We have heard today the Gospel narrative in which the Lord, having healed many people and even commanded the elements by taming the noise of the wind on the Sea of Galilee, comes to the coastal city of the Gadarenes. Two men come out to meet Him, possessed by unclean spirits, whom the whole city was afraid of. And the demon-possessed people, or rather, the spirits that are in these people, cry out in a loud voice: “Why have You come, Jesus, to torment us before the time? If you want to expel us, then let us enter the herd of pigs that graze on the shore of the lake.”
And the Lord said one word: “Go.” And the demons left the men and entered the animals, and the herd of pigs threw themselves over the precipice into the abyss of the lake and died. The most surprising thing is that, as Matthew the Evangelist says, all the people of the city come out to meet the Lord when they hear about it. What are they asking for? That the Lord will bless them? To enter their city and change their lives? To prophesy to them the word of His Divine truth? We do not hear this request. But we do hear that all the inhabitants of the city are begging the Savior: “Go away from us. Do not enter our city.”
What a contradiction to spiritual logic! The Lord shows His power, the Lord shows His majesty and authority, the Lord shows that He can heal a person, and people beg Him to go away from the borders of their city. Why does this happen? After all, we do not see any hostility in these people, nor any aggression towards the Savior. They simply beg Him, as the Evangelist says, to go away from their city.
Metropolitan Mercury (Ivanov) Whether or not God’s miracles are manifested near us, we remain indifferent and apathetic to God; we are unwilling to let Him into our lives. We manifest in all forms of our lives an estrangement from God. And why? Because without God, as people say, “life is easier.” God brings into our lives something that must inevitably change this life. Once we accept God in our lives and become believers, we accept responsibility for our lives before God and before other people. We are responsible for every day, hour and minute of our lives. We constantly remember that God gave us this life and the power to live here in this world so that we might benefit both our soul and our neighbors. But if we do not know God, it means that we do not know responsibility, it means that we live irresponsibly, we waste our vitality wherever we want, without thinking about the fact that perhaps the hour when God will call us is already near. Such a person can, just like a demoniac, exclaim, “Why did You come before the time to torment me? Maybe there will be a time when You will come, and there will be a Last Judgment, but when will it be? Let me live in peace, go away from me!”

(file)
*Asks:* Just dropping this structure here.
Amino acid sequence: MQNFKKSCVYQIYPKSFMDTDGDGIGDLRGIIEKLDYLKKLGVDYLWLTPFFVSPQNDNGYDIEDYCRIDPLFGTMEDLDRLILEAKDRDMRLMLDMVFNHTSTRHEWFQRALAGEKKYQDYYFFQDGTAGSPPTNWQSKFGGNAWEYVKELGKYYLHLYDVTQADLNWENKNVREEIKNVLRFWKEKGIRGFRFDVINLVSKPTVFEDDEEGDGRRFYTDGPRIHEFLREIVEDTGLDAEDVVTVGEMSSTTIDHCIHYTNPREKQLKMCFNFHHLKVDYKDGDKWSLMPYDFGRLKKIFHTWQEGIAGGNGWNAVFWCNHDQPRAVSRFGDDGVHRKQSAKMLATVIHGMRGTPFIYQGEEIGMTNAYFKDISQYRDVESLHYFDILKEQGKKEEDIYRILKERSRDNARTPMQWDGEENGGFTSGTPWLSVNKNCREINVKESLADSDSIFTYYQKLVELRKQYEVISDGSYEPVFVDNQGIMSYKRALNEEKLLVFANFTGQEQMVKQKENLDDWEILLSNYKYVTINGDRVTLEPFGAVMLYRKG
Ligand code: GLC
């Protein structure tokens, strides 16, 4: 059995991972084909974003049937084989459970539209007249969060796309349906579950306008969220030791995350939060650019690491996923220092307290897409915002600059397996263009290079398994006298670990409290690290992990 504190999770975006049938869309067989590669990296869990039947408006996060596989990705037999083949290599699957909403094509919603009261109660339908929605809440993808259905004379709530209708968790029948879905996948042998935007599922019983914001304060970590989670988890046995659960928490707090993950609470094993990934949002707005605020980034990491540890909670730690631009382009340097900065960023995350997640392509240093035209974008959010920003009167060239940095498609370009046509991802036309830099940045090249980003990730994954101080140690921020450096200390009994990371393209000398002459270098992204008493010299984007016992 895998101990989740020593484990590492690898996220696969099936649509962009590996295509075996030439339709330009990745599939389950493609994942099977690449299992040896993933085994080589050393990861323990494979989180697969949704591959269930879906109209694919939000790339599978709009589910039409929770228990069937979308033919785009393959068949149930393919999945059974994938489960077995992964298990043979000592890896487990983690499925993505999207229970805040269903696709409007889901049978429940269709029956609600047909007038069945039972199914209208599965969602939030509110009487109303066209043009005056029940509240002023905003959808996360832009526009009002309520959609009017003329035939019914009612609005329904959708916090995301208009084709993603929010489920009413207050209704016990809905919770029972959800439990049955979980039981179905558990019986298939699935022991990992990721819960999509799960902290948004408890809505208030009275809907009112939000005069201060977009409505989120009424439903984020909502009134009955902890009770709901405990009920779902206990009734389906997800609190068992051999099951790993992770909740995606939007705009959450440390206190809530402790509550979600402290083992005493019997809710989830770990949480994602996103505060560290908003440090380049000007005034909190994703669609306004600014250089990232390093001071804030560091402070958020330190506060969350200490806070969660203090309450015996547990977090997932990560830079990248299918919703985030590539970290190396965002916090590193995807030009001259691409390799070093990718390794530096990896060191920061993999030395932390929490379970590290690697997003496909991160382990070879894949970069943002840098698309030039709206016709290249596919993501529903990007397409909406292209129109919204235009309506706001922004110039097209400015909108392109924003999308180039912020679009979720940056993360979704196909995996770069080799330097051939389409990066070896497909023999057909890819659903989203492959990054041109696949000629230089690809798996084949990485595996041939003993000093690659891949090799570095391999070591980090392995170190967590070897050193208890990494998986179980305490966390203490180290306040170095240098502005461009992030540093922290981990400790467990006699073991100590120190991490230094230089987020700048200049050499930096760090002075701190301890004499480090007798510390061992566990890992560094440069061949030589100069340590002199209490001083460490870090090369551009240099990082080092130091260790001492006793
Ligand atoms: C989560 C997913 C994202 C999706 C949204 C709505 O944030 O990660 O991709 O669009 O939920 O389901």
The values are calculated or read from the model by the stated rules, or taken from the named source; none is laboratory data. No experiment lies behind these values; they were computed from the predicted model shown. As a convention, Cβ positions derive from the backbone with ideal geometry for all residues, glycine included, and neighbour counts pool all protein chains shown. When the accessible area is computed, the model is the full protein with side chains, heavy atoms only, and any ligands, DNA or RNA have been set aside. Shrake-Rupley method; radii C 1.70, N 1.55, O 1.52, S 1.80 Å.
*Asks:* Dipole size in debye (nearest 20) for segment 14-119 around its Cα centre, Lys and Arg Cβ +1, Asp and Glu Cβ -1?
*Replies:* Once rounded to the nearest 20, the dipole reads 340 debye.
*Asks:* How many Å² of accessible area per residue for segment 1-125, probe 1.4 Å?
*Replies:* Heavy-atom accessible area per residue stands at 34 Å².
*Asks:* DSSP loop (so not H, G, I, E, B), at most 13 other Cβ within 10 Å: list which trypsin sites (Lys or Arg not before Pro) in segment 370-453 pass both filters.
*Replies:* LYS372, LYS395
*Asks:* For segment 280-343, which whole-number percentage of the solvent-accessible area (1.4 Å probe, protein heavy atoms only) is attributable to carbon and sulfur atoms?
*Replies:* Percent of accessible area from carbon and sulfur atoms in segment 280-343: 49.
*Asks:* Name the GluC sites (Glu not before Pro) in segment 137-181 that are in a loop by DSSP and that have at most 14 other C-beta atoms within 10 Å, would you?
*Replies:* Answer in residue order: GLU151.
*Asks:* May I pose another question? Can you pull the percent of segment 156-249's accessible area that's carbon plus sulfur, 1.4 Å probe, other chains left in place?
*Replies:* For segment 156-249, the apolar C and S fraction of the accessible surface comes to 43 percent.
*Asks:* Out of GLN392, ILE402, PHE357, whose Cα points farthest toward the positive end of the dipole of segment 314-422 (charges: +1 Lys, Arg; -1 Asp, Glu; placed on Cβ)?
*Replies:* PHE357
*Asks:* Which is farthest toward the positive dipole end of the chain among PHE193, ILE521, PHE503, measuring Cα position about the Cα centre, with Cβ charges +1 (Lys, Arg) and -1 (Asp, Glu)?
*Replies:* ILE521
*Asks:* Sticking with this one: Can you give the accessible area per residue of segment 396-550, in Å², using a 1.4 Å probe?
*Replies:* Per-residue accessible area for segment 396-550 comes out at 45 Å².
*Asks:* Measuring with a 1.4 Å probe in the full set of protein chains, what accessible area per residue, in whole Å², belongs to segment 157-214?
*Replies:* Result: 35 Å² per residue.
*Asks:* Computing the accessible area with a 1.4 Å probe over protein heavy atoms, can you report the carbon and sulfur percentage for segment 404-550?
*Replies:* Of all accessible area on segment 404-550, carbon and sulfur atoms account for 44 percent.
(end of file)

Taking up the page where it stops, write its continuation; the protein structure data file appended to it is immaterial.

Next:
Indifference and apathy to the work of God in the world leads us to the result to which some of the inhabitants of this city of Gadarene came, when an unclean spirit possesses a person and dominates him, driving him to insanity, trying in every possible way to kill him.
Even the herd of pigs, the animals, could not resist this evil act. It was not enough for the demons to mock man and animals—it was necessary to destroy them! And the herd of swine threw themselves into the abyss and perished. Similarly, people who are indifferent to God open the door of their lives, the doors to their hearts to everything unclean and idle. And under the guise of this ease, under the guise of carelessness, under the guise of bliss and relaxation, an unclean spirit enters human life secretly, but truly and effectively, and takes possession of this person. And it does not matter at all that a person does not act the way the Gadarene demoniacs acted, when the inhabitants of Gadarene were afraid to walk past where they lived. It does not matter at all that the devil does not bark and does not howl in a person—he secretly poisons human life, sin poisons it. And the person sinks lower and lower. He becomes more and more spiritually relaxed. And although that person does not behave aggressively towards others, his soul is dying, he is dying for eternal life, and the demon possessing this person is certainly happy about it.
Today’s Gospel makes us think about whether we are with God or without God, and what we say in the face of the Savior: “Come into our life and act in it,” or, “Depart from us and leave us to live the way we want, according to our lusts, passions and vices.” But we choose either eternal life or eternal perdition—already here, on this earth, in front of other people, showing our choice.
God does not come into our lives by force, but when we ourselves open the doors of our hearts to Him, when we want Him to work in our lives, then this work of God will be truly healing. It will free us from every sin and spiritual illness. One word of God is enough for our soul to be healed, but it must be ready to receive this healing, it must long for and seek an encounter with God.
And we who have come to the temple of God, will recall the necessity of our salvation, our responsibility before God and before people around us, and we will say to Him in the conciliar prayer: “Come and abide in us, and cleanse us from all impurity, and save our souls.”